What are anchoring phenomena (anchors)?
An anchor is essentially a puzzling thing — could be an event, could be a process — that requires the coordination of a bunch of different science ideas to fully explain. It is not something you can easily Google an explanation for. It is something that students work toward understanding throughout the entire unit. For that reason, it could also be the basis for your end-of-unit three-dimensional assessment. (Doesn’t have to be! But that’s an option.)
Why should we use anchors?
Teachers and classrooms that use anchors tend to teach for conceptual understanding — meaning that students are not just spitting back isolated facts without truly understanding “how it works”, but rather have developed a full, accurate understanding of the concept at hand. Students who have a conceptual understanding of phenomena are not only more likely to retain that information, but can also use that information to make predictions, draw conclusions, and understand new but similar ideas.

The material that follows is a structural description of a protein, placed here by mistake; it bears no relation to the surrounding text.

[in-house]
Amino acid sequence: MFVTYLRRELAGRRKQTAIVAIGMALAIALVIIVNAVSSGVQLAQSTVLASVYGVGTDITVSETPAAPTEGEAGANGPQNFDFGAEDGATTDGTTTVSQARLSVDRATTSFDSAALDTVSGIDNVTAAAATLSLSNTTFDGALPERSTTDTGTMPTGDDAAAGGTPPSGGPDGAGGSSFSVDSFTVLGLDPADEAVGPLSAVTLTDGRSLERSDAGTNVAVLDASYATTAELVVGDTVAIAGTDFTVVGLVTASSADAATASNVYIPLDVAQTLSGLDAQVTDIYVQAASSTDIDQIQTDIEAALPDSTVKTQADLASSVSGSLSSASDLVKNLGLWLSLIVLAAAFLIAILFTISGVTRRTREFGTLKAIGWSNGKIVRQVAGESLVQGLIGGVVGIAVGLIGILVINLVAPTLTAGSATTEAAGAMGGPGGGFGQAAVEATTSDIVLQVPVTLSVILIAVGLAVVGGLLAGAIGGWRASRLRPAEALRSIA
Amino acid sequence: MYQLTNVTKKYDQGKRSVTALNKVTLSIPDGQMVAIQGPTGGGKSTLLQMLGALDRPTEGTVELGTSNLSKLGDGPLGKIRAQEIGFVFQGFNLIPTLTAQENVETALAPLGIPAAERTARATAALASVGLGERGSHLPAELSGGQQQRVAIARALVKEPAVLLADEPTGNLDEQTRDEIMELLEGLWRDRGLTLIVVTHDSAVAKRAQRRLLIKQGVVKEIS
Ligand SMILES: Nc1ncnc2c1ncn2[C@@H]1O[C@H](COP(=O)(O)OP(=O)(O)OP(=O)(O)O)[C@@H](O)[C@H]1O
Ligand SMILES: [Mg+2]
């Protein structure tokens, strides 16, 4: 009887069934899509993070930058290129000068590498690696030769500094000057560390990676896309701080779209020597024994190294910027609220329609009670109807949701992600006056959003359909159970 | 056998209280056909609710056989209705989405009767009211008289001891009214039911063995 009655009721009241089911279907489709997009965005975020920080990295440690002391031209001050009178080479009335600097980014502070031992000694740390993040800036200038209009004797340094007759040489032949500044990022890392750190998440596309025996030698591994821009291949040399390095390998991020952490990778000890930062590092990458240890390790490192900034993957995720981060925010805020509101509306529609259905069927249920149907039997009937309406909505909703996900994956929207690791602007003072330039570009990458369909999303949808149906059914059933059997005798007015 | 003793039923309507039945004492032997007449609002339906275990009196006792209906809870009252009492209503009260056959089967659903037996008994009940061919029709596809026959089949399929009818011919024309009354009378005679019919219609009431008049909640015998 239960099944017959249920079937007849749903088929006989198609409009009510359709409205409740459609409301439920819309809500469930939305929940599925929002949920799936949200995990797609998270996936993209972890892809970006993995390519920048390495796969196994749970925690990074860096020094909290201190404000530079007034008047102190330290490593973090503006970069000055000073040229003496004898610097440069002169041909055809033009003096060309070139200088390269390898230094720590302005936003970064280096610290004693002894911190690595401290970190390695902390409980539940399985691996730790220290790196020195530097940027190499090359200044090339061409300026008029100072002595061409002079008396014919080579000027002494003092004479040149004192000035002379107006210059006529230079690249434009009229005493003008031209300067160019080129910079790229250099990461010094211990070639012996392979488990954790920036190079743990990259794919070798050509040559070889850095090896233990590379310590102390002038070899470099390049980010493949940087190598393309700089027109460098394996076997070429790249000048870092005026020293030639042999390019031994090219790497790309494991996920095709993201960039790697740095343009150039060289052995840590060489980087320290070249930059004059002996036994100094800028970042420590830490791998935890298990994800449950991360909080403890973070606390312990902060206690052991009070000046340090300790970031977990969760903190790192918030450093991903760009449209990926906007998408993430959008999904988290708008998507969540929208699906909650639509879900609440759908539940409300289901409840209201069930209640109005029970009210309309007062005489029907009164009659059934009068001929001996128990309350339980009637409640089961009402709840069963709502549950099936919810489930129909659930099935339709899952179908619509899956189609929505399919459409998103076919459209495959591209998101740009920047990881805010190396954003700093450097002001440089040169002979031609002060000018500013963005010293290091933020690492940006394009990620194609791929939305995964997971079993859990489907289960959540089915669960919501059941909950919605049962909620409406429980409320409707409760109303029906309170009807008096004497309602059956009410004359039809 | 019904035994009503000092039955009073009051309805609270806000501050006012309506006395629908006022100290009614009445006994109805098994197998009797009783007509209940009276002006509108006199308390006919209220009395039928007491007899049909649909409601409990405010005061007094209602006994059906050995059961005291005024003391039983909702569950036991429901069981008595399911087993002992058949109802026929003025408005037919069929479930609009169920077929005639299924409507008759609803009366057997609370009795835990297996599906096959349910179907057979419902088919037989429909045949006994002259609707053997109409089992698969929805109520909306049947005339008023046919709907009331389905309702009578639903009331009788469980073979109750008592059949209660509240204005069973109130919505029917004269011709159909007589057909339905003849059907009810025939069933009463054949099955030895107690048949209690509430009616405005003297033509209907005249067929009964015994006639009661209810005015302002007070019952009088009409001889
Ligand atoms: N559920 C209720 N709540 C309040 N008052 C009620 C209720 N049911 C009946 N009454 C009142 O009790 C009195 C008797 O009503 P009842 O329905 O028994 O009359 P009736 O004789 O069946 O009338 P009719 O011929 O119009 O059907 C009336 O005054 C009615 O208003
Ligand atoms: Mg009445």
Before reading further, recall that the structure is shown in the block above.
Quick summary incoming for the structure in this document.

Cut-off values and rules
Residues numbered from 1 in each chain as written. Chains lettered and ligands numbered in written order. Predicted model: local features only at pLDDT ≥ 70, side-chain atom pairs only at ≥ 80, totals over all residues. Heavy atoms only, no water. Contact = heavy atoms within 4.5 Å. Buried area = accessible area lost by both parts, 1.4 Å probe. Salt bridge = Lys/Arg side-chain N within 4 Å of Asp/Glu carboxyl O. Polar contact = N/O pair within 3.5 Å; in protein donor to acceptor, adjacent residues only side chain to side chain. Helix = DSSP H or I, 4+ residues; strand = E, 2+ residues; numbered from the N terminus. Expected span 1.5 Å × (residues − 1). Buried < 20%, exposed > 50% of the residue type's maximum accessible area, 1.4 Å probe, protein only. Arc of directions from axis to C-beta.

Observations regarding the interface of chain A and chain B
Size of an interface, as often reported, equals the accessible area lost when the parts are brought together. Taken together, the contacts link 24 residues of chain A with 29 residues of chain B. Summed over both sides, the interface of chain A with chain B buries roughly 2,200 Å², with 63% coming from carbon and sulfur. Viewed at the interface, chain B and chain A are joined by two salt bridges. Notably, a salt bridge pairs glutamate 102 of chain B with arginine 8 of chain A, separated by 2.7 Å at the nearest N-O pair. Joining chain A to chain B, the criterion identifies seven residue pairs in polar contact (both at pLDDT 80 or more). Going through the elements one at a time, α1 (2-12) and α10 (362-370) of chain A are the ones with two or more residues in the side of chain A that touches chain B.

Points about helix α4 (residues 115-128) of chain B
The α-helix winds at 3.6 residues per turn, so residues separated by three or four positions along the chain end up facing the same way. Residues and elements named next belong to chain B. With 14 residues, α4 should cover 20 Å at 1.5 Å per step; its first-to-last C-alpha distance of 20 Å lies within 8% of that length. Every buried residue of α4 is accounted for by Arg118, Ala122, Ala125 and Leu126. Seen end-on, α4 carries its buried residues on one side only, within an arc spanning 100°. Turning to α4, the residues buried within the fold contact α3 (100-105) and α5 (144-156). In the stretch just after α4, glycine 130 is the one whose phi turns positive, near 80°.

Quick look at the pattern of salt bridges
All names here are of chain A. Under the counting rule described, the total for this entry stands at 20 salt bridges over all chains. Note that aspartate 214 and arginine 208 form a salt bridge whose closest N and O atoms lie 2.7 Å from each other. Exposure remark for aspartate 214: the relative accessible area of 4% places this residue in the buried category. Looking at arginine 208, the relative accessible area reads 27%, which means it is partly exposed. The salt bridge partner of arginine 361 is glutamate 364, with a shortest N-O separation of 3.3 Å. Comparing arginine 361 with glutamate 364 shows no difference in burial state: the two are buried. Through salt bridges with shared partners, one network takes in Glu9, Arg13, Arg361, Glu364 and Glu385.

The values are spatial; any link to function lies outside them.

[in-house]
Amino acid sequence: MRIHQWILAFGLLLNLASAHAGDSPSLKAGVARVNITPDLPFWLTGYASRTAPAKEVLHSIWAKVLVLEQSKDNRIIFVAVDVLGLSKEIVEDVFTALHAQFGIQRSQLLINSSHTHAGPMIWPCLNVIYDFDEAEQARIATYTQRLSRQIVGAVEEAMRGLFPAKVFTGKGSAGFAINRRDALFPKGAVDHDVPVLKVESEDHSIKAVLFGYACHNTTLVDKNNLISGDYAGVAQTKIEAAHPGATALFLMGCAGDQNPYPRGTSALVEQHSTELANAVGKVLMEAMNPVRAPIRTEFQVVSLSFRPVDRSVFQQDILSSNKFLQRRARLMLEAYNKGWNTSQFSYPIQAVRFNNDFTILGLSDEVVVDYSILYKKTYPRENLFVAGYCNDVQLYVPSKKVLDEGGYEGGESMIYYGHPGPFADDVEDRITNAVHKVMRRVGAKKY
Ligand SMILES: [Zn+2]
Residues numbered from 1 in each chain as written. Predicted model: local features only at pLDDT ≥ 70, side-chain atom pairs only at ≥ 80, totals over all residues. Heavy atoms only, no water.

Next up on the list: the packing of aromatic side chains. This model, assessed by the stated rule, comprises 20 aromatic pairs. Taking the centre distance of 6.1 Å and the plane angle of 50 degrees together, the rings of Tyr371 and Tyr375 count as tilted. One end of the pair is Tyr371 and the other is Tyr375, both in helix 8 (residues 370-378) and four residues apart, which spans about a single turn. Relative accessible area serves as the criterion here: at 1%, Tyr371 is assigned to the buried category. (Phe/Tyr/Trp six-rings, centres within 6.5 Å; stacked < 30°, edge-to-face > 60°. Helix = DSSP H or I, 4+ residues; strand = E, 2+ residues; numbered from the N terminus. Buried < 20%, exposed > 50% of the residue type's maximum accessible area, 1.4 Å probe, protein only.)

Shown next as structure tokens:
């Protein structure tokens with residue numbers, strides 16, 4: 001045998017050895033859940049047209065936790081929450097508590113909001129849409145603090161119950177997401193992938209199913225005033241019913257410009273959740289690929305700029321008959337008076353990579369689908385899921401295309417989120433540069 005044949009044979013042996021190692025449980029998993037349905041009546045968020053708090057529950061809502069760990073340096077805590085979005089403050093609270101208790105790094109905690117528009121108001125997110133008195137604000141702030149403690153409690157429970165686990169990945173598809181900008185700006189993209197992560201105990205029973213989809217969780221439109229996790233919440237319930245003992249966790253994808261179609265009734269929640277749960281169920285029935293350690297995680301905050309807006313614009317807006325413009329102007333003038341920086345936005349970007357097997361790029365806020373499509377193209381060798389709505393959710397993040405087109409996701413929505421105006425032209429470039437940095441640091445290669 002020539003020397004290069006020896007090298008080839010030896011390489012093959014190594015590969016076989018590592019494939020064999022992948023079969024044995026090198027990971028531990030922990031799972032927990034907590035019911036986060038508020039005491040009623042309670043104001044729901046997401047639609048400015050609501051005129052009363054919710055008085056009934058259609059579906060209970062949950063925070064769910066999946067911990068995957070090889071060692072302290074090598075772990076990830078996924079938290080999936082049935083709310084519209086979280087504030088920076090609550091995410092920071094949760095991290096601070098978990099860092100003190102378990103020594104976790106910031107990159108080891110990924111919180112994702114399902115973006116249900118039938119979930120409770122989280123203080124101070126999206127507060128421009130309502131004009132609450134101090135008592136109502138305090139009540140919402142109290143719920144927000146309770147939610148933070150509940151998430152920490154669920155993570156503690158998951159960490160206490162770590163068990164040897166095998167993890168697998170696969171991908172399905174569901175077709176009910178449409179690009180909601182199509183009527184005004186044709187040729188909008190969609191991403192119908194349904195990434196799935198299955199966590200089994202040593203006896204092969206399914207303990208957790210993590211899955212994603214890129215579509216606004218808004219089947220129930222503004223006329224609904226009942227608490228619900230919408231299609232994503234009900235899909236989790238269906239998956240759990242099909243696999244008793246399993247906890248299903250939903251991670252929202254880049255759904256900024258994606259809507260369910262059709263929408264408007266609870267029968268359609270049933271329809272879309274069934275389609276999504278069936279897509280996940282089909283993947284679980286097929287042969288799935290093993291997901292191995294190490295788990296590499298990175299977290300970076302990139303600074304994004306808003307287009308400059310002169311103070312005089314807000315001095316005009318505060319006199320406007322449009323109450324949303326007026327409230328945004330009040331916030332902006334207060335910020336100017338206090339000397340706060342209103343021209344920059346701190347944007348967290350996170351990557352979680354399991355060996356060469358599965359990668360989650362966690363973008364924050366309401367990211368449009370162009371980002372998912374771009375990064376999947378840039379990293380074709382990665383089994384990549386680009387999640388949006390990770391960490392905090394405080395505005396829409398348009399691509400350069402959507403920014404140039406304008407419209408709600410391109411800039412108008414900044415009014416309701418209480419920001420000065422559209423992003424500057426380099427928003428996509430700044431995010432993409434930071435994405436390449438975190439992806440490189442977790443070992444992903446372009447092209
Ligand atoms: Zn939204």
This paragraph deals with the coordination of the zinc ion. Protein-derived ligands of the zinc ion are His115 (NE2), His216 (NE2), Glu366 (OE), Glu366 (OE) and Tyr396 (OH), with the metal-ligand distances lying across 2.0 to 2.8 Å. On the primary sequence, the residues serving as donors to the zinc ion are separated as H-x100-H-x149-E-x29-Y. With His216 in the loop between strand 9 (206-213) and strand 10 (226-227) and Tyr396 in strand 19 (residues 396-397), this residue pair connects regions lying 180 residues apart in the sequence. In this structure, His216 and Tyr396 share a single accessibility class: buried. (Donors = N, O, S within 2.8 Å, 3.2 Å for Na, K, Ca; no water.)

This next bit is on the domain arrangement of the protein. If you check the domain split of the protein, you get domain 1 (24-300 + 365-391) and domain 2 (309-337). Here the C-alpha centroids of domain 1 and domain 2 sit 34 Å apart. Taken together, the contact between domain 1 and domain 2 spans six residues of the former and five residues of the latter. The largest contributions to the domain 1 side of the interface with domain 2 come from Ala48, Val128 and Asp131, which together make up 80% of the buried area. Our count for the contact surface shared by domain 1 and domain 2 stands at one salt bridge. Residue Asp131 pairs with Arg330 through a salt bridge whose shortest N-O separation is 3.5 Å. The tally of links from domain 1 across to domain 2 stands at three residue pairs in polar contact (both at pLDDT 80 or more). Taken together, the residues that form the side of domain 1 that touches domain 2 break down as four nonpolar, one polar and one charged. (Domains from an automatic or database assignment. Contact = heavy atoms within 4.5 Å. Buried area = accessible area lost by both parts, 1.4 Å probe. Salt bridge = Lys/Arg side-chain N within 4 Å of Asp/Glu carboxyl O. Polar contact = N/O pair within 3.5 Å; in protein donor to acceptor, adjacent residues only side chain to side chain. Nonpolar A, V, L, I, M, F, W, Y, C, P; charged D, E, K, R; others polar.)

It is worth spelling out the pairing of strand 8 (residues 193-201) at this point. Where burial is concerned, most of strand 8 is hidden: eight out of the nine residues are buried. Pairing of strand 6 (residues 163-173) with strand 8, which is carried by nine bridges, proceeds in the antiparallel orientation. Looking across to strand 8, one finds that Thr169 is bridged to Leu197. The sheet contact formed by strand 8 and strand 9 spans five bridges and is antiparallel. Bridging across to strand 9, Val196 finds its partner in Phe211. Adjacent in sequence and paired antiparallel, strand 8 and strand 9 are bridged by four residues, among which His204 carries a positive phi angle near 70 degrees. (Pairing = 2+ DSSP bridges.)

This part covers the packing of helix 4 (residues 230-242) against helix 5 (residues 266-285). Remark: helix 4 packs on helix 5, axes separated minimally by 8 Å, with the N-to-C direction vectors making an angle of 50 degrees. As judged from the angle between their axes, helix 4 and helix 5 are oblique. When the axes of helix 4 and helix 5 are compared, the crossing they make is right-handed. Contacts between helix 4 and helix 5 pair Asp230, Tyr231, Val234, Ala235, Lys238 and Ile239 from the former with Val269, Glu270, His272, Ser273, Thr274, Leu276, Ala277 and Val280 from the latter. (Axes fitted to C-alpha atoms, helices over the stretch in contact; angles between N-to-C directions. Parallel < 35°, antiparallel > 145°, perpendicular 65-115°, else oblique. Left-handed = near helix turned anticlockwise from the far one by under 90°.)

Using anchors naturally encourages teachers and students to focus on big-picture understanding, the connections between ideas, less breadth but greater depth, and a rationale for all learning. And because anchors are designed to drive instruction based on student thinking, teachers that use them tend to be more responsive to students’ developing understandings and interests. They naturally differentiate to a greater extent.
On the flip side, teachers who do not use anchors (those puzzling big ideas or events) to frame their instruction tend to focus more on the factual information without making connections, have more difficulty providing a rationale for learning and tend to overload students with more ideas than they can process in a class period. These teachers also tend to simply plow through the curriculum without making the necessary adaptations to truly guide their students from where they are to where they need to be.